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How long to smoke a pork loin?

You’ve marinated your pork loin overnight in the tastiest marinade, taken it from the fridge and rubbed it down with your best dry rub. Broil it, braise it, bake it or roast it? How can you impart even more flavor while keeping it moist and tender?

Smoke it. Allow your perfectly marinated and rubbed pork loin to be surrounded and bathed in aroma of smoke. The low and slow method of smoking a pork loin allows the sugars to caramelize and deepen the pork flavor while slowly breaking down the proteins in the loin to make it tender.

How Long Does it Take to Smoke a Pork Loin?

The length of time it takes to perfectly smoke a pork loin largely depends on the weight of the loin. A loin weighing up to 2 lbs. should be smoked for 20-26 minutes per lb. and anything 3 lbs. and larger should be smoked for 12-15 minutes per lb. And while minutes per pound is an important guideline, the most important recommendation is to be sure the internal temperature reaches 145-160 deg F.

What Temp to Smoke Pork Loin?

For the perfect smoked pork tenderloin, the grill or smoker should be kept at temperatures between 225-250 deg F as consistently as possible.

Because the smoking process is done over indirect heat, building a two-zone fire makes it easy to regulate the temperature of the fire. To warm up the smoker, add more fuel and too cool down the smoker add more liquid to your drip pan.

The drip pan is important for several reasons. The liquid in the drip pan serves to enhance the flavors of the meat and can also be used to lower the ambient temperature inside the grill.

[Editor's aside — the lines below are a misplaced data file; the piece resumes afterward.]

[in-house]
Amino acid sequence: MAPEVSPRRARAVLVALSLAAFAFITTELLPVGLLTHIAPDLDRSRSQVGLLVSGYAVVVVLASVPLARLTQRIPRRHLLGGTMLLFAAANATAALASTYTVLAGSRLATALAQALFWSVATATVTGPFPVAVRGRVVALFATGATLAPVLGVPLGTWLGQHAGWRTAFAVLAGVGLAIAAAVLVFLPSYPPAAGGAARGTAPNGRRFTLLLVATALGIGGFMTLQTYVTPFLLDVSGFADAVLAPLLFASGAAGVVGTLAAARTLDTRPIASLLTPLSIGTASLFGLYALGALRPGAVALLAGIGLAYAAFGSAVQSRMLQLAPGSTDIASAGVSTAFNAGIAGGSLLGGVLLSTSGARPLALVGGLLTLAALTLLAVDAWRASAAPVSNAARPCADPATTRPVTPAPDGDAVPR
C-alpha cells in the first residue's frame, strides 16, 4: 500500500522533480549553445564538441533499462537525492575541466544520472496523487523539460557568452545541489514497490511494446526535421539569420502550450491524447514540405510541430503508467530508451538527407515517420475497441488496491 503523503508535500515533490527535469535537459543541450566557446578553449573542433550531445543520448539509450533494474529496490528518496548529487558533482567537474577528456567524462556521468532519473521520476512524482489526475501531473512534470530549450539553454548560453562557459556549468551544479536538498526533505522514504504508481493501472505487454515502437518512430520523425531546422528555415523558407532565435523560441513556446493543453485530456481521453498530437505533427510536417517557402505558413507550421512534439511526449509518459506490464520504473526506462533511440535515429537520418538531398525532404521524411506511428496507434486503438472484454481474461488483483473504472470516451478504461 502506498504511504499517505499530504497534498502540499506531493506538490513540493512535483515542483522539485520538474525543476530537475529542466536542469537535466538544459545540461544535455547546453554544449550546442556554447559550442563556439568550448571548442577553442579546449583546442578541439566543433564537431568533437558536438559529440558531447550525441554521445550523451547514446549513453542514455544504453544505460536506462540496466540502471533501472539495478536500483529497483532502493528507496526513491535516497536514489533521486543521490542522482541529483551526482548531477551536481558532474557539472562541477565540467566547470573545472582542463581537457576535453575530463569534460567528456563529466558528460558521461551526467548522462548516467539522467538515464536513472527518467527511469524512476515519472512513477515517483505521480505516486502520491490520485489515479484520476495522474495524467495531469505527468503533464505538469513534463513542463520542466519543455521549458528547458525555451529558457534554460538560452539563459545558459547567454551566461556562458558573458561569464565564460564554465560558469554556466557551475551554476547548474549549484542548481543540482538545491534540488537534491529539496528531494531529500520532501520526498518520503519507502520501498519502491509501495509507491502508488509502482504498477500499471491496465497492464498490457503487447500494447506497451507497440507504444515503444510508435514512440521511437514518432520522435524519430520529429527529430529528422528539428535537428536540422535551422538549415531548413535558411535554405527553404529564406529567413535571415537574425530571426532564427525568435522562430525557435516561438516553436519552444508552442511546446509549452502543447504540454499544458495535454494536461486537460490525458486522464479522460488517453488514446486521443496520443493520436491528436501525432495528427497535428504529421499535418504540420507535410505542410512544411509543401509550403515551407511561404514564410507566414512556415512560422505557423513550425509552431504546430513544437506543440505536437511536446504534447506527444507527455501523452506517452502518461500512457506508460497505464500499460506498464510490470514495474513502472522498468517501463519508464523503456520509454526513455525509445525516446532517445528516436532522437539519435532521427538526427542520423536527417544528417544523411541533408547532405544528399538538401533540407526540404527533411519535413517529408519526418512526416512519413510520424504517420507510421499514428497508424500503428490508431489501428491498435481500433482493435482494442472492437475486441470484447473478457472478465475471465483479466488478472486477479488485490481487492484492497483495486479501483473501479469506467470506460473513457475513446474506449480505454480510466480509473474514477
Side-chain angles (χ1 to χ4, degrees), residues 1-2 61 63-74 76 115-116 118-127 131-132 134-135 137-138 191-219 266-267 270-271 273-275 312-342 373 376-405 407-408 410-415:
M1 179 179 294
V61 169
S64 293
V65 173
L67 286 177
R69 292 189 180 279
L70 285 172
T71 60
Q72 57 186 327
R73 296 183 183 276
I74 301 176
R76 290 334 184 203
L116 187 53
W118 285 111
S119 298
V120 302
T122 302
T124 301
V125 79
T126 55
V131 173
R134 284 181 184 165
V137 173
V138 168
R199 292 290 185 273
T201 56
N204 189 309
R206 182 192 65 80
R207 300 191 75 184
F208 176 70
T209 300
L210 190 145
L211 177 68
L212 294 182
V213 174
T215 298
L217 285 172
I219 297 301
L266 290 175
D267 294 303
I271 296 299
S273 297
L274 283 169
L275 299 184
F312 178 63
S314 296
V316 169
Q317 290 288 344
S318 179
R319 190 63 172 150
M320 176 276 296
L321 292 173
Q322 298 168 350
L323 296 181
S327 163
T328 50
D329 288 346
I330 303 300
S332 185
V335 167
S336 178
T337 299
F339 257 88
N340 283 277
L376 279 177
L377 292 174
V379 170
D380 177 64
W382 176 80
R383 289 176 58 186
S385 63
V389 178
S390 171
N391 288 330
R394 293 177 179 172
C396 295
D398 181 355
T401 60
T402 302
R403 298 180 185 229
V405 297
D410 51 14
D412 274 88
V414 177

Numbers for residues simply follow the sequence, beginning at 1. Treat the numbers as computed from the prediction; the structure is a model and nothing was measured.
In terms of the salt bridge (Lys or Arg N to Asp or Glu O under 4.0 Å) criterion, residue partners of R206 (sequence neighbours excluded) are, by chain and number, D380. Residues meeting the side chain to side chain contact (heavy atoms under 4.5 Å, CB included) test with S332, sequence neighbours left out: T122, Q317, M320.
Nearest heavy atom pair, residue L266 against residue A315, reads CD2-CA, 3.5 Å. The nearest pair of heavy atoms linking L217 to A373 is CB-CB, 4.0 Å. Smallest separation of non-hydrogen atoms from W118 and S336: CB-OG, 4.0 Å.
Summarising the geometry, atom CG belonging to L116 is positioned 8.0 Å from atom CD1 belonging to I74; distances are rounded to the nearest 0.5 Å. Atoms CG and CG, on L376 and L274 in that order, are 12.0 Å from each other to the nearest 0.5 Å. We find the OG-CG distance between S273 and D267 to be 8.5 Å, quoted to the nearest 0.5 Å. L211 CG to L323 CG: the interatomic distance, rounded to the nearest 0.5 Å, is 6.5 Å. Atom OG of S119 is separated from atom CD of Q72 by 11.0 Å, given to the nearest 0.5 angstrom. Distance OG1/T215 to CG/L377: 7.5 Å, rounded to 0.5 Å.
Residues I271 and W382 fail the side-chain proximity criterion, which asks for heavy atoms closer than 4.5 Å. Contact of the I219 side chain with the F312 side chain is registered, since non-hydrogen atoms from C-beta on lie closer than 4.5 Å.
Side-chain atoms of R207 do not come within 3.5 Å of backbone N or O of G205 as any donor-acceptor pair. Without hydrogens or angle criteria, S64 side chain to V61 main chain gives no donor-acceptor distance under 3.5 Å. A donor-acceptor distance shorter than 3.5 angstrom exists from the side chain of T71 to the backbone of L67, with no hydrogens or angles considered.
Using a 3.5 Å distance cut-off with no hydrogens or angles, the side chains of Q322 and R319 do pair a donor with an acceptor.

How Do You Achieve the Best Smoke in a Pork Loin?

To achieve the best smoke flavor in your loin, keep the smoke white and puffy by ensuring your fire gets plenty of oxygen and airflow. It is essential that you allow the smoke to move around your loin and kiss it with flavor. If the smoke accumulates around the loin, it may burn from increased temperatures or have a charred flavor.

Mix your wood with charcoal. Using all wood, too much wood or green wood could over-smoke your loin and give it an unpleasant flavor.

If you need to add coals to your fire, make sure the coals are hot; adding cold coals could smother your fire and cause your temperature to drop.

What About the Wood Chips?

The wood you choose will season your pork loin. As a general rule, stronger smelling woods like mesquite and hickory are best. Lighter, sweeter woods works better with chicken and seafood. Chicken and seafood will absorb more flavor than beef and pork.

Soaking the wood will reduce the harshness of the smoke flavor by allowing for a slow, even burn. Using dry wood creates a large amount of smoke at once which may make your loin taste acrid.

Is Pork Loin the Best Cut of Pork to Smoke?

Pork Loin, in general, does not have the marbling of fat and connective tissue needed to slowly break down and turn to sugar. Because it cooks relatively quickly, it will not be in the smoker long enough to absorb the flavors imparted by smoking and may dry out because of the prolonged exposure to smoke and heat. You must watch a pork loin carefully and keep the smoking consistent to know exactly how long to smoke a pork loin.

The best cut of meat to smoke is one that can withstand the prolonged, low and slow method of cooking. Examples would be a Pork Shoulder, Pork Boston butt or picnic roast. These cuts are inexpensive and well-marbled for maximum smoke infusion.

The Wrap-Up

Pork Loin may not be the most practical cut of pork to smoke, but any meat can benefit from the infusion of smoke flavoring. Determining how long to smoke a pork loin will be a learning experience.

Preparing the meat, choosing the correct wood, and cooking low and slow will impart that smoky flavor you crave.

We have gathered some other sites you may like:

https://www.porkcdn.com/sites/porkbeinspired/library/2014/06/2924.pdf
https://www.thespruceeats.com/best-meats-for-smoking-333608
https://www.kingsford.com/how-to/smoking/?ds_rl=1238807&gclid=EAIaIQobChMIl6mw6ZeN4wIVhlmGCh2ENwYDEAMYASAAEgJztfD_BwE&gclsrc=aw.ds

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